Why do adults think video games are bad?

The excellent news site The Conversation is running a series for children – Curious Kids, where children send in questions they would like an expert to answer. Recent research suggests that playing online games that involve puzzle-solving increases scores in maths, science and reading, whereas using social networking reduces academic achievement.




The science for and against video gaming

They can make your brain grow and they make you more self-aware and happier; but they can make you less empathetic and more violent.



People could be genetically predisposed to social media use

One to two-thirds of variance in social media use is attributable to genetic traits; unique and shared environmental factors account for the remainder of variance.




“A classroom with the ultimate view” – students enrol in missions on the International Space Station and request images of specific locations on Earth. The program was set up by astronaut Sally Ride in  1995, initially on space shuttle flights. 8000 schools from 78 countries have now participated with over 500 000 students creating a library of 94 000 images.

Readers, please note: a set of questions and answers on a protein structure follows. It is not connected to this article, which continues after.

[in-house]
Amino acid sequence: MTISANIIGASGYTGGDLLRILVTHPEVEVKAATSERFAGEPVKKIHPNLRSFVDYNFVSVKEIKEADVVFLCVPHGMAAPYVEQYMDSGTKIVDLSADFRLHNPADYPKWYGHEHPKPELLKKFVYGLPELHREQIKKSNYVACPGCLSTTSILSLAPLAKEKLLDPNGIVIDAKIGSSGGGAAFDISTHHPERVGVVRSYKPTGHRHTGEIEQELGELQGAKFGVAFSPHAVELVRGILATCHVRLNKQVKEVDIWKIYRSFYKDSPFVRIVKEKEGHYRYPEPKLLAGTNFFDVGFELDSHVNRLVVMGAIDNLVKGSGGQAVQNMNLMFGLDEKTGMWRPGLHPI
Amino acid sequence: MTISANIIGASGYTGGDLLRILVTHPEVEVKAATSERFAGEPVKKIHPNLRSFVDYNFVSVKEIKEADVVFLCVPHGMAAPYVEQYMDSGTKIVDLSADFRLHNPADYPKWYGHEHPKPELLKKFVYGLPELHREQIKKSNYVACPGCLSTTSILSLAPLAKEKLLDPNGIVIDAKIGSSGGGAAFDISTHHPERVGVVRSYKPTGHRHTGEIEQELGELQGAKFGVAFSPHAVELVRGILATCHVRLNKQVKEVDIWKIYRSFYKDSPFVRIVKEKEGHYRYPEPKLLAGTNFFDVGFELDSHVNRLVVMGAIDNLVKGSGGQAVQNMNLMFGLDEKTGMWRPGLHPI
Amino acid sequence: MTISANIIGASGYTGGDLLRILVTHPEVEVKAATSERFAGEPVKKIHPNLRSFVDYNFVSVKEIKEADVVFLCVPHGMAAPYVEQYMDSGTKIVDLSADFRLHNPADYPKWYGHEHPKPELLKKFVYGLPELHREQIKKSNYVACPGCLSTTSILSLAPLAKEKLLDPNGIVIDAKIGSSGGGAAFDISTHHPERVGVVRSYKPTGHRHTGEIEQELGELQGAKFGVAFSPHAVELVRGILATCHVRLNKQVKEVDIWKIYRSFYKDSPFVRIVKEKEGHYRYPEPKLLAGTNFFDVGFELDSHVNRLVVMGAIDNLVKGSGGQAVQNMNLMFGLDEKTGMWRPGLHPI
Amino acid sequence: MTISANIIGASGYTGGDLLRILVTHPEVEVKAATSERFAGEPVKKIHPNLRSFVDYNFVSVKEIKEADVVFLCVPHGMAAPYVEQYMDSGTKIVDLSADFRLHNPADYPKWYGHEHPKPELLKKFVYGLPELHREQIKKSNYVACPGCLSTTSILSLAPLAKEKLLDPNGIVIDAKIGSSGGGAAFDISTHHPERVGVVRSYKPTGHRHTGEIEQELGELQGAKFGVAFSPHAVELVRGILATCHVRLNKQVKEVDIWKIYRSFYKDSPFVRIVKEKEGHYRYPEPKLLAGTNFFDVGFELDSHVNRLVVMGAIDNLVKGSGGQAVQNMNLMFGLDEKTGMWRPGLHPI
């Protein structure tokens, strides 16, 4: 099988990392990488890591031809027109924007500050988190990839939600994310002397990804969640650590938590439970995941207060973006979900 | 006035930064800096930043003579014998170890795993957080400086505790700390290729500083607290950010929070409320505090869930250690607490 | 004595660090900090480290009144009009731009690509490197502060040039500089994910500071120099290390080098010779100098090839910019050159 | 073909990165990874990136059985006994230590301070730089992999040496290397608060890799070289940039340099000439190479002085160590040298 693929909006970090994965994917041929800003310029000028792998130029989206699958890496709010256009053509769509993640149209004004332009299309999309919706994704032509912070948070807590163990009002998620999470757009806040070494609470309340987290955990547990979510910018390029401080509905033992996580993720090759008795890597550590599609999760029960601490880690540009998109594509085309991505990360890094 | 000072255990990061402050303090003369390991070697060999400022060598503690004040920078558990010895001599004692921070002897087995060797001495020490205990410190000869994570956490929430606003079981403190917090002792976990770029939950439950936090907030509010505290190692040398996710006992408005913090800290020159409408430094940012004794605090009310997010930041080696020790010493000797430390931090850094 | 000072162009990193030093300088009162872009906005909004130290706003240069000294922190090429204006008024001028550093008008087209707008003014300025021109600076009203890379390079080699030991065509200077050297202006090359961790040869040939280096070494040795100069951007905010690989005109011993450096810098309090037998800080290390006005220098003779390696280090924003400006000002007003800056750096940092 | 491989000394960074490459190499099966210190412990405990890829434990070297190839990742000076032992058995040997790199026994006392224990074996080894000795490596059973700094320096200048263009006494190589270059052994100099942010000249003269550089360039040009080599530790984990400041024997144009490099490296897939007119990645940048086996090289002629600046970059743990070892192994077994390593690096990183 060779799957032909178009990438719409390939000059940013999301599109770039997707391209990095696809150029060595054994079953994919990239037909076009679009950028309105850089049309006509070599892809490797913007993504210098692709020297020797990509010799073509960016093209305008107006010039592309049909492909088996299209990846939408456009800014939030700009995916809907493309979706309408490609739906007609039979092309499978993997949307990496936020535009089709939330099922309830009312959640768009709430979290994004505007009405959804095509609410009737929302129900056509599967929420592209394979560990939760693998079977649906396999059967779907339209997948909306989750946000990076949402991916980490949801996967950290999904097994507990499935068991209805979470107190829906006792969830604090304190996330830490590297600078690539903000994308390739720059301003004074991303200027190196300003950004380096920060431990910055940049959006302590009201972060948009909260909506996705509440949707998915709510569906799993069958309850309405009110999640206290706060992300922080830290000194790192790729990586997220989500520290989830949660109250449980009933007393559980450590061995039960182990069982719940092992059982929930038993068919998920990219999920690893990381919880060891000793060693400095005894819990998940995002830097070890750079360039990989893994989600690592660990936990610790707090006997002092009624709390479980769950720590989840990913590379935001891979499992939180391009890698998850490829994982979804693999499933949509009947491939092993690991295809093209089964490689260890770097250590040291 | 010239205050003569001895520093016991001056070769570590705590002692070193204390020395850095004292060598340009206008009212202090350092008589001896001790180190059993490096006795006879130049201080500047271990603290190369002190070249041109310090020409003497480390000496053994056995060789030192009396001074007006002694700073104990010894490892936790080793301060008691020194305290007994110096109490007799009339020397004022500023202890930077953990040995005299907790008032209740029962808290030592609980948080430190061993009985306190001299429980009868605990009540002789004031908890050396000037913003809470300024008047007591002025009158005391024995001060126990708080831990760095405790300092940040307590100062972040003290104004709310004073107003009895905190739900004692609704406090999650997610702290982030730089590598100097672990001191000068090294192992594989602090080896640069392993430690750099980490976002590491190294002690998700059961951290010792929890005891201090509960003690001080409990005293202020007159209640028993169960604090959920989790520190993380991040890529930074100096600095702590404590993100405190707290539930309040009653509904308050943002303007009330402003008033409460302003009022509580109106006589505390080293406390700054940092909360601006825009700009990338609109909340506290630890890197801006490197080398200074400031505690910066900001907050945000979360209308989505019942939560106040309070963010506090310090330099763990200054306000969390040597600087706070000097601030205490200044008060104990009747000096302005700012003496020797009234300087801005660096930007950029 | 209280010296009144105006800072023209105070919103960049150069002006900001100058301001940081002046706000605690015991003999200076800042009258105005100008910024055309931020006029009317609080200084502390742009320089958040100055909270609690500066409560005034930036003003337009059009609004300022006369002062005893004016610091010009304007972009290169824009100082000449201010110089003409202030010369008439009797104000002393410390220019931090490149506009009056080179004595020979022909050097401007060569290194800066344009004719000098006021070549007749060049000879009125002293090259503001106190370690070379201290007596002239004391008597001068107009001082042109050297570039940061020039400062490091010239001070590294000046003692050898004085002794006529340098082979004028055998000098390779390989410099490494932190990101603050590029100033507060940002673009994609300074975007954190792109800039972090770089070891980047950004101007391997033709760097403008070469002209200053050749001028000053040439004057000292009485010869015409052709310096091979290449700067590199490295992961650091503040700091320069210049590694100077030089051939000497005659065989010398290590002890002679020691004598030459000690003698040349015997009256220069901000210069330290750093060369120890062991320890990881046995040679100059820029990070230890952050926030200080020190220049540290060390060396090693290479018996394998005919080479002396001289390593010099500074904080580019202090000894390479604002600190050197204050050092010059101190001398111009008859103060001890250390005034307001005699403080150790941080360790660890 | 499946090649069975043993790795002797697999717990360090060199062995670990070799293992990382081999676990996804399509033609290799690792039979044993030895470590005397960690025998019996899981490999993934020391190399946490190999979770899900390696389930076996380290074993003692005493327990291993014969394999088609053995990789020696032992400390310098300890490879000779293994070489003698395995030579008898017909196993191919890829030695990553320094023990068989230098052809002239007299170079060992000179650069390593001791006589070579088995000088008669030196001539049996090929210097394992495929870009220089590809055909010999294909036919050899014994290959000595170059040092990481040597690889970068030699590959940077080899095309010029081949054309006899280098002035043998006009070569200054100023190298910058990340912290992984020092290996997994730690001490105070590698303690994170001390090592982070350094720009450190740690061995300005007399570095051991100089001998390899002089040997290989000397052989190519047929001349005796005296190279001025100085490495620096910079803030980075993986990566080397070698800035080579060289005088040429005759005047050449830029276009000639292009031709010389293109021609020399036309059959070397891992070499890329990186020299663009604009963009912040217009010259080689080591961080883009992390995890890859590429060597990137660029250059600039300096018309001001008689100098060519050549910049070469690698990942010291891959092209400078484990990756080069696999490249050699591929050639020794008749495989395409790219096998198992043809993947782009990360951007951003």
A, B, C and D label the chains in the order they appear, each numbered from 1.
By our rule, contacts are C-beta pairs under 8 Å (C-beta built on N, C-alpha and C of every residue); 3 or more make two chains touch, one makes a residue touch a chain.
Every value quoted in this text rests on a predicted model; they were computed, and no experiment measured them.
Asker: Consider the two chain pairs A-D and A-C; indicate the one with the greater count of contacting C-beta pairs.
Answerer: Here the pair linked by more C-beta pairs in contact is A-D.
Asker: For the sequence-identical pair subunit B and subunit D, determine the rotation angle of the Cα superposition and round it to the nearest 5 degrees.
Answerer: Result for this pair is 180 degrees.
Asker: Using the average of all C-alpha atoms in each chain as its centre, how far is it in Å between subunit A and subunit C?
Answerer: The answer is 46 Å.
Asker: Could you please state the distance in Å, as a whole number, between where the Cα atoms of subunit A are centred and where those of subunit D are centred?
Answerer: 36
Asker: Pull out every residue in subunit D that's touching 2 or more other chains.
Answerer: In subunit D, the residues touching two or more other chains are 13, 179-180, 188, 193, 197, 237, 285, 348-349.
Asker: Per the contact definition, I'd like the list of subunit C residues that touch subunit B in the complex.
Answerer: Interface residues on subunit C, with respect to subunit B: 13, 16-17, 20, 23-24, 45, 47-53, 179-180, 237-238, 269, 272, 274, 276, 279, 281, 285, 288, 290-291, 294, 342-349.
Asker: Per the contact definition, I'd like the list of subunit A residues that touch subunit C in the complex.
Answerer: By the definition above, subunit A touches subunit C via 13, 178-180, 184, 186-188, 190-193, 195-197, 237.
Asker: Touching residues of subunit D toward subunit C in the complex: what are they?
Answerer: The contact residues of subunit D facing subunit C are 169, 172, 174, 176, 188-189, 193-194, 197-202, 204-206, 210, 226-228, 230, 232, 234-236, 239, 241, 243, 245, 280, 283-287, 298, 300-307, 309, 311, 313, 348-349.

Search the image gallery: https://www.earthkam.org/ek-images



Google Maps street-view of Uluru

Just launched after 2 years of consultation with traditional owners. The interactive map includes audio stories from the Anangu owners about the significance of Uluru, traditional law and creation stories. Many sacred sections of the rock were not photographed. Viewers can zoom into crevices, walk along trails and view ancient art. Google plans to map other Australian cultural sites, including Kakadu.



Live interactions with robots increase their perceived human likeness